They’re peripheral to the story
grotesque beside the beautiful Prince and Princess
or the Snow Queen in her white sleigh
and even the talking ravens have more glamour
but the older I get, the more I think about
those two sisters
who live in the cold North
in houses that are always hot, since they’re always
whatever they need
in the way of soup, or spells.
Hardy and self-reliant
hospitable, too, to passing strays
generous with their stores and their directions
and terribly wise:
they are the ones I want to be
not Gerda. Though I never will.
And they’d laugh to think I admire them.
They laugh more than is dignified, and don’t care
They send each other letters
now and then, written on stockfish
and each one chuckles knowledgeably
over the other’s latest
as she adds it to the pot.
About this poem
This poem was included in Best Scottish Poems 2014. Best Scottish Poems is an online publication, consisting of 20 poems chosen by a different editor each year, with comments by the editor and poets. It provides a personal overview of a year of Scottish poetry. The editor in 2014 was Roderick Watson.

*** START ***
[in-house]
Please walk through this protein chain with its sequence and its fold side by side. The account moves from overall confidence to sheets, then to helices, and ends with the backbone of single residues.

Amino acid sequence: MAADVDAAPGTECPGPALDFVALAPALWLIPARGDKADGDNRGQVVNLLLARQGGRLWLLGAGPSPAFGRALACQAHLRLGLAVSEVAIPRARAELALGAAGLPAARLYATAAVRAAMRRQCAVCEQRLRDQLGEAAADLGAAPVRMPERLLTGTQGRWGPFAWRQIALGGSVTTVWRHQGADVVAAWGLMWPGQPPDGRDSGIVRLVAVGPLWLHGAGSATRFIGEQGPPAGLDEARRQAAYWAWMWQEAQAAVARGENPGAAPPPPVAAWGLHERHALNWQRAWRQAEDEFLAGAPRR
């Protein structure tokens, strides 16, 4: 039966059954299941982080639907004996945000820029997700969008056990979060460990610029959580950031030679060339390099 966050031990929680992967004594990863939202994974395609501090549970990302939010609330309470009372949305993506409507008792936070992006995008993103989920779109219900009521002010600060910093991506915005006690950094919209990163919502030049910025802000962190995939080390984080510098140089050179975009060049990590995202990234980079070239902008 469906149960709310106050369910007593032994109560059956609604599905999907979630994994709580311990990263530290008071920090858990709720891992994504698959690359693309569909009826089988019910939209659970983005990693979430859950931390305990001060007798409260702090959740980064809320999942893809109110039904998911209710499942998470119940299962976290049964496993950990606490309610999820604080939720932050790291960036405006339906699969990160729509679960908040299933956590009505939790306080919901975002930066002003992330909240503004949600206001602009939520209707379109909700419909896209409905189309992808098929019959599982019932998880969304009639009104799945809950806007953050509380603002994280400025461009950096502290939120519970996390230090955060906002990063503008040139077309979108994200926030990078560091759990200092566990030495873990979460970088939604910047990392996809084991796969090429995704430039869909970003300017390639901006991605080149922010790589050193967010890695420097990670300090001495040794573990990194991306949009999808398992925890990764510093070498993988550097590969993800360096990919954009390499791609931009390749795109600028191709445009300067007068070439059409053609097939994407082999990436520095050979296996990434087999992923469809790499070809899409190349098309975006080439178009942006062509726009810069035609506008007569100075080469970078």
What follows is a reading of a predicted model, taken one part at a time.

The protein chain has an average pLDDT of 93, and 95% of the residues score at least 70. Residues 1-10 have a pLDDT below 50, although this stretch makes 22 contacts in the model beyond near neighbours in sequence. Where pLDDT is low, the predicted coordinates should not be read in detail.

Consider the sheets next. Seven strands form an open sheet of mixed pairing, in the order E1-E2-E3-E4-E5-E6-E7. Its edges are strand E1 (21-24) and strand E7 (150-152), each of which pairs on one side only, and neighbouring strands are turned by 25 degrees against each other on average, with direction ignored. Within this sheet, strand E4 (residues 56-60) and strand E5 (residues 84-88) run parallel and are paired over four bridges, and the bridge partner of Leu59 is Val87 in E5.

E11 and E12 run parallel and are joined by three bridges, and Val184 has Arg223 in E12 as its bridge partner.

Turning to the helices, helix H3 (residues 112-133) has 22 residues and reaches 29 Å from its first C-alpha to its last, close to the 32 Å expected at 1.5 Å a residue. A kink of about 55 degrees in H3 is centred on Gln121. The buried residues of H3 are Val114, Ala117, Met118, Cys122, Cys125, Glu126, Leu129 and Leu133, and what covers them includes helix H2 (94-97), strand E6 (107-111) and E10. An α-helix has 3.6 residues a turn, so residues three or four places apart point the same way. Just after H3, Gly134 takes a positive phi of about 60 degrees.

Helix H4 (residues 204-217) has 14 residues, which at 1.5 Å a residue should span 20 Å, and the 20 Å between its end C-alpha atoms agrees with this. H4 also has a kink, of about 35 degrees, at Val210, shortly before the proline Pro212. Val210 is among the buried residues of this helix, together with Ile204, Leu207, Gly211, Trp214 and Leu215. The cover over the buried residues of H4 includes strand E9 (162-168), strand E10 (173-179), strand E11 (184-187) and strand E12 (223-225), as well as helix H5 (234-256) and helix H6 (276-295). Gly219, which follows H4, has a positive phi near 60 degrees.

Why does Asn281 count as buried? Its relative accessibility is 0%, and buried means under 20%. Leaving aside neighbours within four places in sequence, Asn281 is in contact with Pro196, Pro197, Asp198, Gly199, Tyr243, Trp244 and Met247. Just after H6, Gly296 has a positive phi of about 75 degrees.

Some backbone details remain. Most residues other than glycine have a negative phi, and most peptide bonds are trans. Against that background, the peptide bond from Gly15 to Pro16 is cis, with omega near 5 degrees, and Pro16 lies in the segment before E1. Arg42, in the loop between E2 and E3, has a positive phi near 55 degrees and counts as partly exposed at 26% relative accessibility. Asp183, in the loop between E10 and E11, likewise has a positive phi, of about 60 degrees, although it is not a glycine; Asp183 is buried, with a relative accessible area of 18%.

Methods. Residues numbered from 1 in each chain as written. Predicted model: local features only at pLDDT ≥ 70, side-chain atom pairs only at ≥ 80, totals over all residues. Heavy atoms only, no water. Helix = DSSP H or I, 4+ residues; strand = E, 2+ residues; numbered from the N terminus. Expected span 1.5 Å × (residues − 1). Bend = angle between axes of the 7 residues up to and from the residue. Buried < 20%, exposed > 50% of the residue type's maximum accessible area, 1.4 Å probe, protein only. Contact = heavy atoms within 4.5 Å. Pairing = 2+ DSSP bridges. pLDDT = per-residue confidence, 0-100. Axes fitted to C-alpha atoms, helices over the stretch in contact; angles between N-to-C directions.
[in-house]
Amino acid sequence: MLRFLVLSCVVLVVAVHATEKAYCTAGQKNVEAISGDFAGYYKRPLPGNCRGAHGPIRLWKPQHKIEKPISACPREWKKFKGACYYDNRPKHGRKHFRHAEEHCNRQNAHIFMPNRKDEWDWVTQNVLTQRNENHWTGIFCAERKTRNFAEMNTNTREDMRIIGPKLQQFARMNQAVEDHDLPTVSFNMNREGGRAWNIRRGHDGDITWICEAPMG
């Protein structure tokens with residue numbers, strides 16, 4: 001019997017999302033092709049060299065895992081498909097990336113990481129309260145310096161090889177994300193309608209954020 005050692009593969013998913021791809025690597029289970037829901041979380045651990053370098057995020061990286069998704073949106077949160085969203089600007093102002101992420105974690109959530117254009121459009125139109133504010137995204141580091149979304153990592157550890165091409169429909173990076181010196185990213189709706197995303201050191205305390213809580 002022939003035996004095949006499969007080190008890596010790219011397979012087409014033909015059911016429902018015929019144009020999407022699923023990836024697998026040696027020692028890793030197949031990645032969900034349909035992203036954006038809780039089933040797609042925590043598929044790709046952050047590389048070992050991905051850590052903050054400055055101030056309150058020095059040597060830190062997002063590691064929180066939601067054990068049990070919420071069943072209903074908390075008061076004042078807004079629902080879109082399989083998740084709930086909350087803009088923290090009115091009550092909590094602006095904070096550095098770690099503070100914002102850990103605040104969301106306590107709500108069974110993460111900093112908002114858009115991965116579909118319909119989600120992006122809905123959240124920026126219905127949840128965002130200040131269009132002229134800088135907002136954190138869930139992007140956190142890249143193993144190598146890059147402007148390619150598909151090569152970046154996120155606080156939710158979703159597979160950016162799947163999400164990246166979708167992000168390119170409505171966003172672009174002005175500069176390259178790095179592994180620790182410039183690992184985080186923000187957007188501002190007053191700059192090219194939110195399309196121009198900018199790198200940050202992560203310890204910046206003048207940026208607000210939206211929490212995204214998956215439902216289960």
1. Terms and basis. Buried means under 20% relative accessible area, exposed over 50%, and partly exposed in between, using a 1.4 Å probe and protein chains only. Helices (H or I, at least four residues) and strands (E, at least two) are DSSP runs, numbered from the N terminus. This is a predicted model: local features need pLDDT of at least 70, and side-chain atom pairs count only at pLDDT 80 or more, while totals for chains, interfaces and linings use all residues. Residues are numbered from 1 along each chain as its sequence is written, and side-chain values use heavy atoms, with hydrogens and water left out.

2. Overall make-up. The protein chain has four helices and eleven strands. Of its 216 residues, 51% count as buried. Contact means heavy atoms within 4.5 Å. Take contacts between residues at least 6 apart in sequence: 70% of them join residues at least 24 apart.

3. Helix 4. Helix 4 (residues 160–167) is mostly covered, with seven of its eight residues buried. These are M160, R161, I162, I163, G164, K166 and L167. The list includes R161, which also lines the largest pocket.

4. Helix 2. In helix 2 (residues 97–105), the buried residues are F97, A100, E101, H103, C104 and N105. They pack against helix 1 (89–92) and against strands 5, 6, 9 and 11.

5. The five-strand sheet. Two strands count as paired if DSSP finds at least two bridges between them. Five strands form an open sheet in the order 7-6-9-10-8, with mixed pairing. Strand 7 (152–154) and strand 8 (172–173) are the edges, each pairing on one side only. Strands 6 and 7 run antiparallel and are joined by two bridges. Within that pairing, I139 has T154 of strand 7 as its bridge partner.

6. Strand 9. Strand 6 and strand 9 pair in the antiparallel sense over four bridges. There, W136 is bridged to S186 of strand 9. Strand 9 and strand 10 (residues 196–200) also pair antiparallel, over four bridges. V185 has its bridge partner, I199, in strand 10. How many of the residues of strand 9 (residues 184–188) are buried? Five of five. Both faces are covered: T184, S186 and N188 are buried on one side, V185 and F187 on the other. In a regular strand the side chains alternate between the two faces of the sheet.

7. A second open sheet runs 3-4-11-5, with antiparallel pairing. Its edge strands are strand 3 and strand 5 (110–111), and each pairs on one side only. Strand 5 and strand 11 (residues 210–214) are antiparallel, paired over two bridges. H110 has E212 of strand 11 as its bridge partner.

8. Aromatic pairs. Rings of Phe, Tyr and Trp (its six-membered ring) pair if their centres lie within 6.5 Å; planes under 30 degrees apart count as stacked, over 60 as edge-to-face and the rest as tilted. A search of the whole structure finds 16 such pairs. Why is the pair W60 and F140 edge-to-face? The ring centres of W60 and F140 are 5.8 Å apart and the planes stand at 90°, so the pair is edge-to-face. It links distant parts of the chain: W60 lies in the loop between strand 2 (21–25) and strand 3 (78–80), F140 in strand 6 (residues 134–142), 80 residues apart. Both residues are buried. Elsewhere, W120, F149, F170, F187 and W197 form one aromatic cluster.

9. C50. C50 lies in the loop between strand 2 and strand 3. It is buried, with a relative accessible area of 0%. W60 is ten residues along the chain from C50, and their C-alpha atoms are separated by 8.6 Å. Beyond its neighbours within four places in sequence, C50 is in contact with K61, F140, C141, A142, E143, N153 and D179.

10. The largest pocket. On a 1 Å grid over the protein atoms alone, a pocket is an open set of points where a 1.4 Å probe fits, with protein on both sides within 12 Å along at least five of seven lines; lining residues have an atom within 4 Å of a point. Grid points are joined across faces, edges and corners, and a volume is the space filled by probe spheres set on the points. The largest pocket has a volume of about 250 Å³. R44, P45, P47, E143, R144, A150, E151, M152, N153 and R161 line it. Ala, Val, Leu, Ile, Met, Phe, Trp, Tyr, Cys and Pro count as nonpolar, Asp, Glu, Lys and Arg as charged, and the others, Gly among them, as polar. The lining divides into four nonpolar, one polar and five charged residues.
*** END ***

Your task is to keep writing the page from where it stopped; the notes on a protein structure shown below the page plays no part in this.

This poem was written in 2011, and the immediate trigger for it was another poem: 'Rune of the Finland Woman', by the great American poet Marilyn Hacker, which she read at StAnza that year and which sent my imagination back to my old Hans Christian Andersen, a strange, hauntingly-illustrated book from my childhood which has worked its way into my writing more than once over the years. I loved Hacker's poem, but I was struck that she hadn't mentioned the Finland Woman's sister, or the thing that intrigued me most about the two of them when I first read The Snow Queen: their postal system. So my poem began with that, and then worked back from it to try to explain my fascination with the characters.